When the concept was introduced in the late 1990s, it seemed appealing. Residents in all districts - other than the large five cities in the state - could vote "yes" or "no" to their school budget.
Voting "no," however, was never really "no." It meant, instead, the district would either put together another budget for vote or approve a contingency budget, which would decrease spending by about 2 percent.
So despite all the preparation by individual districts - and we have a full slate of information on area school budgets inside today's paper - your vote is meaningless.
Because if you ask your neighbor or a friend what the state and region's biggest detriment is, they are likely to respond that it's the high taxes. But they are never really YOUR high taxes, are they? The high-taxes blame gets pointed to Albany.
Even school administrators have us believe so. Who do they blame when taxes go up? The state because their district is somehow being shortchanged on aid.
Don't forget, however, that small districts here and across New York that are shedding programs, sports and extracurricular activities are enabled by the 65 percent to 75 percent of state aid. Yet when funding does not come in high enough, administrators indict Albany.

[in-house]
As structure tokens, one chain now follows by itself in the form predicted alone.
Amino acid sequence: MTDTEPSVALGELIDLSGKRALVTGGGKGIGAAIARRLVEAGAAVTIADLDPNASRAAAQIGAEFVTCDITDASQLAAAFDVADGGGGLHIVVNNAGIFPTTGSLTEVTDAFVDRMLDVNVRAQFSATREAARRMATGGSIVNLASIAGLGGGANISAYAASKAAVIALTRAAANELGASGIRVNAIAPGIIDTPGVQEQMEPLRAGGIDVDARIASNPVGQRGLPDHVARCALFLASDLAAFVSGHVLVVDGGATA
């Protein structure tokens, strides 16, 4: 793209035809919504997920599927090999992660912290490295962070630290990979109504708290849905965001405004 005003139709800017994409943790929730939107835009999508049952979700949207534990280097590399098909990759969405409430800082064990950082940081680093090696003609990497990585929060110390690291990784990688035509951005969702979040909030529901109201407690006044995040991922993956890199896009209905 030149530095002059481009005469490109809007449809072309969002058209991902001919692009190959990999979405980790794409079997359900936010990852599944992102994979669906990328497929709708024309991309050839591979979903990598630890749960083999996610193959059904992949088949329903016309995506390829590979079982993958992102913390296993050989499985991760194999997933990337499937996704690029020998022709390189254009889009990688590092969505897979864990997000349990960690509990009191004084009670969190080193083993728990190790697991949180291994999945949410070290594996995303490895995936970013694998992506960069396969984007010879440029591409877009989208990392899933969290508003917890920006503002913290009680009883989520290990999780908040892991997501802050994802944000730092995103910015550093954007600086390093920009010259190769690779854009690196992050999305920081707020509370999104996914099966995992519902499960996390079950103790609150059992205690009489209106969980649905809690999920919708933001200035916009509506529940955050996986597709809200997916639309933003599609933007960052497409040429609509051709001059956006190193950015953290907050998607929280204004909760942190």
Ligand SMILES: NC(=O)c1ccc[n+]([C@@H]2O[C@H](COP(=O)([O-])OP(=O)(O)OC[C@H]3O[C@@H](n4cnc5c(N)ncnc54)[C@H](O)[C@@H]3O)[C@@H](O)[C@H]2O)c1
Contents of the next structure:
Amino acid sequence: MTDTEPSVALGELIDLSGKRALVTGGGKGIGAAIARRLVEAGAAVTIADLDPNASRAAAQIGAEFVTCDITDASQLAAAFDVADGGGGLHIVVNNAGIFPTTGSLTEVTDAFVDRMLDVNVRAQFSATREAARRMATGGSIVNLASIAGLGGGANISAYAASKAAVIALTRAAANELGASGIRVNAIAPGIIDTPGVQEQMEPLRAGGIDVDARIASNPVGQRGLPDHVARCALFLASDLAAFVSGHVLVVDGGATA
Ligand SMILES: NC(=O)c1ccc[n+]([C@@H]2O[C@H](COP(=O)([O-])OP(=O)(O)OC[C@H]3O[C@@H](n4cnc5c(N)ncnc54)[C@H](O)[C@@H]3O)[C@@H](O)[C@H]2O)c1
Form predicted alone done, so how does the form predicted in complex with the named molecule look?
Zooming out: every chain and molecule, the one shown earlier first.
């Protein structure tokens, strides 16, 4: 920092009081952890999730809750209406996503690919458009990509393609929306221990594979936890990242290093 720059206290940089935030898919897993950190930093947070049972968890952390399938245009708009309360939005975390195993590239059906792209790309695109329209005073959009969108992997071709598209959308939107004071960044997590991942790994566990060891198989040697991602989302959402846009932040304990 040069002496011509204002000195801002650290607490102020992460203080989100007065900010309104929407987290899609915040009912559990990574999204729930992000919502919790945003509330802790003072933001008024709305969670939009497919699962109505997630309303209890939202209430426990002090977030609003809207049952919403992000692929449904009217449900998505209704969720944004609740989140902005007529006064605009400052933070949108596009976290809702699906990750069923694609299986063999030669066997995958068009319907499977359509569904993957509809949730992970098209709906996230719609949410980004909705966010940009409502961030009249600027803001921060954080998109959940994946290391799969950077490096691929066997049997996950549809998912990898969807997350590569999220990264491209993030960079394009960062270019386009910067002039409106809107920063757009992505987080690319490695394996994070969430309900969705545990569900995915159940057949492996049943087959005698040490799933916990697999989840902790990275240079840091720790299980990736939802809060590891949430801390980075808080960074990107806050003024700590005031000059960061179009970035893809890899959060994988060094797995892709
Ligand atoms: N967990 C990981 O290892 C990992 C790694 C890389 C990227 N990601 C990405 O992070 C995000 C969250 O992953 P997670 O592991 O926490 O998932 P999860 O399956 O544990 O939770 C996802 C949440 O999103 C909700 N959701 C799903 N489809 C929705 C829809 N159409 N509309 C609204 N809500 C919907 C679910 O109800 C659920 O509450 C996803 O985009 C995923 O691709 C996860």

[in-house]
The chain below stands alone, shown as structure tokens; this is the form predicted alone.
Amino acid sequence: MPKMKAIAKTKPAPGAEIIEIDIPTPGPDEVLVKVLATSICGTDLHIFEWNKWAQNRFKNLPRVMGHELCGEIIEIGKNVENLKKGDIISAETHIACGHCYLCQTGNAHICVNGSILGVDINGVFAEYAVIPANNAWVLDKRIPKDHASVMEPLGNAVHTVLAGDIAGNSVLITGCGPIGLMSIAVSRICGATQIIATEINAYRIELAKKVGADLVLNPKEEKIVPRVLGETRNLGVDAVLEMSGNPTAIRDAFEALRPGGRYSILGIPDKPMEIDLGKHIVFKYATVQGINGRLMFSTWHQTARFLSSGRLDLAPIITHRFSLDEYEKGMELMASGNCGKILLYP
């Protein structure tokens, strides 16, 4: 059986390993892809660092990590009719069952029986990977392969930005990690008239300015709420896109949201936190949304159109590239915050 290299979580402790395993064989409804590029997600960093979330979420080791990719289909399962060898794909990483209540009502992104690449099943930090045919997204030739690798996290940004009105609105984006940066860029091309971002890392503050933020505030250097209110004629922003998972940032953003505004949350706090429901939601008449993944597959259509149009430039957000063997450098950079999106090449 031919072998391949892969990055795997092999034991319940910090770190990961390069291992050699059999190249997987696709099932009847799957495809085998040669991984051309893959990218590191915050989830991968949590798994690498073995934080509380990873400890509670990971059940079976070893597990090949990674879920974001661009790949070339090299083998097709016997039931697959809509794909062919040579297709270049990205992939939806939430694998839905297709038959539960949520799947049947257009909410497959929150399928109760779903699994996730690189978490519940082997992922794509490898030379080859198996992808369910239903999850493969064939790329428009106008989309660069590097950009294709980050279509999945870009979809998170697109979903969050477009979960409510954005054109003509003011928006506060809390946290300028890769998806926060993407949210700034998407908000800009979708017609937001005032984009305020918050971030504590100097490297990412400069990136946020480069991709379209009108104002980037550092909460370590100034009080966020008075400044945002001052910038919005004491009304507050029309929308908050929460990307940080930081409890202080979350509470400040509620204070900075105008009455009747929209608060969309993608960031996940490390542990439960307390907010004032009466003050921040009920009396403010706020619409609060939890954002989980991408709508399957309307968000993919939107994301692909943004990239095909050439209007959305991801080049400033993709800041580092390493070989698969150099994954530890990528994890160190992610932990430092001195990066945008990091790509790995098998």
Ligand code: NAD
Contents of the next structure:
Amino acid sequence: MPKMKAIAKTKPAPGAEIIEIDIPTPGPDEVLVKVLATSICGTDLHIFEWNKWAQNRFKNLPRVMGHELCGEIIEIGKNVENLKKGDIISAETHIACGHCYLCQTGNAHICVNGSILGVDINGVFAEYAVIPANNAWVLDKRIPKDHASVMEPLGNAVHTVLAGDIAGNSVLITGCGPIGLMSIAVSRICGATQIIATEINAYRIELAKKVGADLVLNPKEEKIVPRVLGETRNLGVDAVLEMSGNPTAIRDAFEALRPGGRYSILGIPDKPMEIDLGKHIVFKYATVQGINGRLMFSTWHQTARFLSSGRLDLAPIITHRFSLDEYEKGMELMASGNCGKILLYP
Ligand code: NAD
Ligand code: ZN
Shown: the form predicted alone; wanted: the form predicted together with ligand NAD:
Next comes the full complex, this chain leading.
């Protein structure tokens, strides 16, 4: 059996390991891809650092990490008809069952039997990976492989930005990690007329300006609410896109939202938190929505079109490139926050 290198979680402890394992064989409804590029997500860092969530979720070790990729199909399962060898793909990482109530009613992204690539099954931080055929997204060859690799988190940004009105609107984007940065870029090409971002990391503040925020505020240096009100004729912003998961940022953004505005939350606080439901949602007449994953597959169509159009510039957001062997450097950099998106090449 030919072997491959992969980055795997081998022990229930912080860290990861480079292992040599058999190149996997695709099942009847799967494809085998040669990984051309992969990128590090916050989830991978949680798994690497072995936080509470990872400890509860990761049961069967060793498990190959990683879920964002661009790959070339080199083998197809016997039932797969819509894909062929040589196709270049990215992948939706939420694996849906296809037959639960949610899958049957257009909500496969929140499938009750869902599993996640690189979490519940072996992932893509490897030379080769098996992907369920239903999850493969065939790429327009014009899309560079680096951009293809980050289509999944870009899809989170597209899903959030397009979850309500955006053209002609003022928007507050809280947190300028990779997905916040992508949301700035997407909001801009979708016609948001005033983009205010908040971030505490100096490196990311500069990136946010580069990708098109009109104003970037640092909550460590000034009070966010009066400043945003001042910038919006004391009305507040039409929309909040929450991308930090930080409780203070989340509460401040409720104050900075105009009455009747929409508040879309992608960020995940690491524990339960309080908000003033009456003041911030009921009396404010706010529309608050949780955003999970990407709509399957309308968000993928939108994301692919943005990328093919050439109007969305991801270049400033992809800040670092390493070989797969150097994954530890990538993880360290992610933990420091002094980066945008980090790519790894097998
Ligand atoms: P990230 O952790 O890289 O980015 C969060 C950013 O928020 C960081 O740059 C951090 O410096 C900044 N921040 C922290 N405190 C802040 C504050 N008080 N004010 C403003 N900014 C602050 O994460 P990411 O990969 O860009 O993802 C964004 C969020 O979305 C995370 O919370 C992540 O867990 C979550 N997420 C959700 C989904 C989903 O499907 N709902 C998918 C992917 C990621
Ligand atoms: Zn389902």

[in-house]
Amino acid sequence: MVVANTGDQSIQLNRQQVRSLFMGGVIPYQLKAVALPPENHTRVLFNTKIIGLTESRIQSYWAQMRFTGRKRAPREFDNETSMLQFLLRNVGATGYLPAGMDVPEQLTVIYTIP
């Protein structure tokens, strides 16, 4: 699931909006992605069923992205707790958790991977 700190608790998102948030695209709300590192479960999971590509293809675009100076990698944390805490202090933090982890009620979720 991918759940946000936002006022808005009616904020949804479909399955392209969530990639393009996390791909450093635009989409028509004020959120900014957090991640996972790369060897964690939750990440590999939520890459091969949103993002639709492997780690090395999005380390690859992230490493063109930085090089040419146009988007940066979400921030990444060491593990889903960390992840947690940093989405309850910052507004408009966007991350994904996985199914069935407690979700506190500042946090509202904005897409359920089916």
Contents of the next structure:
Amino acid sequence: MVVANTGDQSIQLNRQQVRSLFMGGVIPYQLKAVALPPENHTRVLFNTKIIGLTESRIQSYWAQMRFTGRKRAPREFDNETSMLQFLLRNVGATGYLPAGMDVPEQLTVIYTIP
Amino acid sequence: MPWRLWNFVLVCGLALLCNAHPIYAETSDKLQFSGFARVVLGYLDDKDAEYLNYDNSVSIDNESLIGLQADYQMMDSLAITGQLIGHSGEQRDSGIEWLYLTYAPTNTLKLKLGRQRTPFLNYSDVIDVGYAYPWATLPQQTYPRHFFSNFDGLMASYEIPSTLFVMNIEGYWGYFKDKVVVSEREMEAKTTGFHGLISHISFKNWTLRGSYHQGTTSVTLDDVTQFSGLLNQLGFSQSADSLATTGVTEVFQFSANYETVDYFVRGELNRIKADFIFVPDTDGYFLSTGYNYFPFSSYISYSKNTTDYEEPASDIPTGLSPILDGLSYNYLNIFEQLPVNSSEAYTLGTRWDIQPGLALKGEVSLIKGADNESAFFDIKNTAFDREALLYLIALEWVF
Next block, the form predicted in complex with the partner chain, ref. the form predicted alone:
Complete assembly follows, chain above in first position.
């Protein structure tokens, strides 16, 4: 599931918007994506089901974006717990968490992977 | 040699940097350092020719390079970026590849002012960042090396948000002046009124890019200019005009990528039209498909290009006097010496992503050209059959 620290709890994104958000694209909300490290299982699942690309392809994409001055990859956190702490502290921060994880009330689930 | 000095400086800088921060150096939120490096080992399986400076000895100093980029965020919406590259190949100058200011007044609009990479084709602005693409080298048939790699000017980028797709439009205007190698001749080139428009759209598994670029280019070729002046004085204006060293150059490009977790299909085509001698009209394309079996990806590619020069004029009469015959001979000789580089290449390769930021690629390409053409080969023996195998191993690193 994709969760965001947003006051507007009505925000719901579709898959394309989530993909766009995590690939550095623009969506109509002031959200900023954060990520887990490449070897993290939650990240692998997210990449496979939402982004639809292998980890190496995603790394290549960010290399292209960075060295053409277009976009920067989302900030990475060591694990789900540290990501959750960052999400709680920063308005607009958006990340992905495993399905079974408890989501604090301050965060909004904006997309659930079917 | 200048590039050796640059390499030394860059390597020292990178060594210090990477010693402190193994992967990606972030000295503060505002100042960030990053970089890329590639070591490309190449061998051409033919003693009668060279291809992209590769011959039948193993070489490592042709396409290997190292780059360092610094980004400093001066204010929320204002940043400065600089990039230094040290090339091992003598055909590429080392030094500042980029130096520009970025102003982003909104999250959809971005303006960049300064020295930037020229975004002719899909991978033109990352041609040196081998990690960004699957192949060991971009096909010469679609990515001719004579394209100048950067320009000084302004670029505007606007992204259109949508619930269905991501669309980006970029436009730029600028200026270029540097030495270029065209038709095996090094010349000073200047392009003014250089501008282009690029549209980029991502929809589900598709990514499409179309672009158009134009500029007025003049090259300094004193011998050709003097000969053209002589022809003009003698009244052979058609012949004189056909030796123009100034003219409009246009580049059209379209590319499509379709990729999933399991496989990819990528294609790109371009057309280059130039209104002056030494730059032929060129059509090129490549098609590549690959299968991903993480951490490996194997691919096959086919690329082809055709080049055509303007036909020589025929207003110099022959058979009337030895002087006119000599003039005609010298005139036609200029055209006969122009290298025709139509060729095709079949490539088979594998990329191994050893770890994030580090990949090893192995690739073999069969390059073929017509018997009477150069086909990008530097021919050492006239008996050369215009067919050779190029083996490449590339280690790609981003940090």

With children, we refer to it as whining.
So when voters head to the polls, their habit - and the record speaks for itself with 95 percent of the proposals passing in 2013 - is to vote "yes." Many of the voters, we note, are more engaged in school than in county, local or state government.
That is because school is a community.
So while we believe an informed voter is the best voter, we know a majority of the voters believed we are overtaxed.
Guess what the highest tax burden comes from? It is the schools.
And while outsiders and private investors shake their heads in disbelief over our high tax burden, residents still turn out in good numbers to punish themselves annually with a "yes" to higher taxes at the ballot box.
In simple terms, it is a self-inflicted wound.